Your California employer just gave you a big promotion with a big salary hike and life is looking great. Only one catch: Your new job is in another state. Since you are a divorced parent, now what? Can you and your child(ren) relocate with no problems? Unfortunately, the answer may depend on how your ex-spouse reacts to your proposed move.
Before you panic, find your divorce decree and do the following:
- Check it to verify that the court awarded you primary physical custody, also called sole physical custody, of your child(ren). If so, so far so good. If it awards joint physical custody to you and your ex-spouse, either (s)he must agree to your move or the two of you must fight it out in court.
- Next check to see whether or not the decree contains any restrictions regarding a post-divorce relocation. If not, you are still on track. If it does, you will need to convince a judge that (s)he should lift the restriction(s).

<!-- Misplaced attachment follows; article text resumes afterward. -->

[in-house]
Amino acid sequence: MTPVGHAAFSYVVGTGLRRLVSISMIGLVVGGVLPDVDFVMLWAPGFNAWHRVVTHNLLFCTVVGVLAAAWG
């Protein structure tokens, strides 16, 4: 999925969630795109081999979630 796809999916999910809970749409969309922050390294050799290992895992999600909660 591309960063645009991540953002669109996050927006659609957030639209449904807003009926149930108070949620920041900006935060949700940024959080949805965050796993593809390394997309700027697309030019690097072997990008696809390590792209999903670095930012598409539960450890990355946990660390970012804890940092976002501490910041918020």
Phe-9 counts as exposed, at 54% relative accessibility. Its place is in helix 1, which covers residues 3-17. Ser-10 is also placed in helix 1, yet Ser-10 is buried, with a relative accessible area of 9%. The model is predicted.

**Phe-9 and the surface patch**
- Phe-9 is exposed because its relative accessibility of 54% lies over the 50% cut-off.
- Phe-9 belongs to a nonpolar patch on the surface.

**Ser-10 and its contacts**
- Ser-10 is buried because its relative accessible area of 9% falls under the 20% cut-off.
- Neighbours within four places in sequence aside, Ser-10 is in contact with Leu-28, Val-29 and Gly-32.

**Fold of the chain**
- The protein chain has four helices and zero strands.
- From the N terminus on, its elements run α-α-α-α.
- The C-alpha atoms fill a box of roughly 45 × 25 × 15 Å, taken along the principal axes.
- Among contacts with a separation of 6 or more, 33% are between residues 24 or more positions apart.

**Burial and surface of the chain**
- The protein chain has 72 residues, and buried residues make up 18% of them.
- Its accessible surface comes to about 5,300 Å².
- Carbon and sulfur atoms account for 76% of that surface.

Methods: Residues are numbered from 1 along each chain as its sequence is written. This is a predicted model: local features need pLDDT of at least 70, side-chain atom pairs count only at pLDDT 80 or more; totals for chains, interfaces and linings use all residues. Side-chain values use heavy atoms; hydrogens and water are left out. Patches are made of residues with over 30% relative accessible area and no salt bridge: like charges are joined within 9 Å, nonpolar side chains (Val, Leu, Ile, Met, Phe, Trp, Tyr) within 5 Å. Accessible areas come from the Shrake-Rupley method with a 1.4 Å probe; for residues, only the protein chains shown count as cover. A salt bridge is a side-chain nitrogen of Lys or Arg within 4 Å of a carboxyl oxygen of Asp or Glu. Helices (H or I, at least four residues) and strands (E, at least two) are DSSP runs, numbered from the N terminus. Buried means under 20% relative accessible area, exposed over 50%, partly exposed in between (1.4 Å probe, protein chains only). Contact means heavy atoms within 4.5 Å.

- Figure out how to go about talking with your ex-spouse so as to make the best possible case for your relocation, including how it will benefit your child(ren) as well as you.
New parenting plan
Even if your ex-spouse does not object to your upcoming move, the two of you need to draft a new parenting plan that specifies the following:
- How far away from “home” you and your child(ren) now will live
- How you and your ex-spouse will handle your child(ren)’s transportation and its associated costs when they travel back and forth between their parents
- The increased parenting opportunities your ex-spouse will receive, such as more time during your child(ren)’s summer vacations, spring and winter breaks, etc.
Keep in mind that you need to obtain court permission to move out of state with your child(ren) even if your ex-spouse agrees to your move. You cannot just pack up and go. The judge, or at least the court, that granted your divorce must now “sign off” on your relocation. If you present a mutually agreeable new parenting plan that you and your ex-spouse worked out together, the judge is far more likely to grant you permission to move. Absent that, you must convince him or her that this move really is in the best interests of your child(ren.)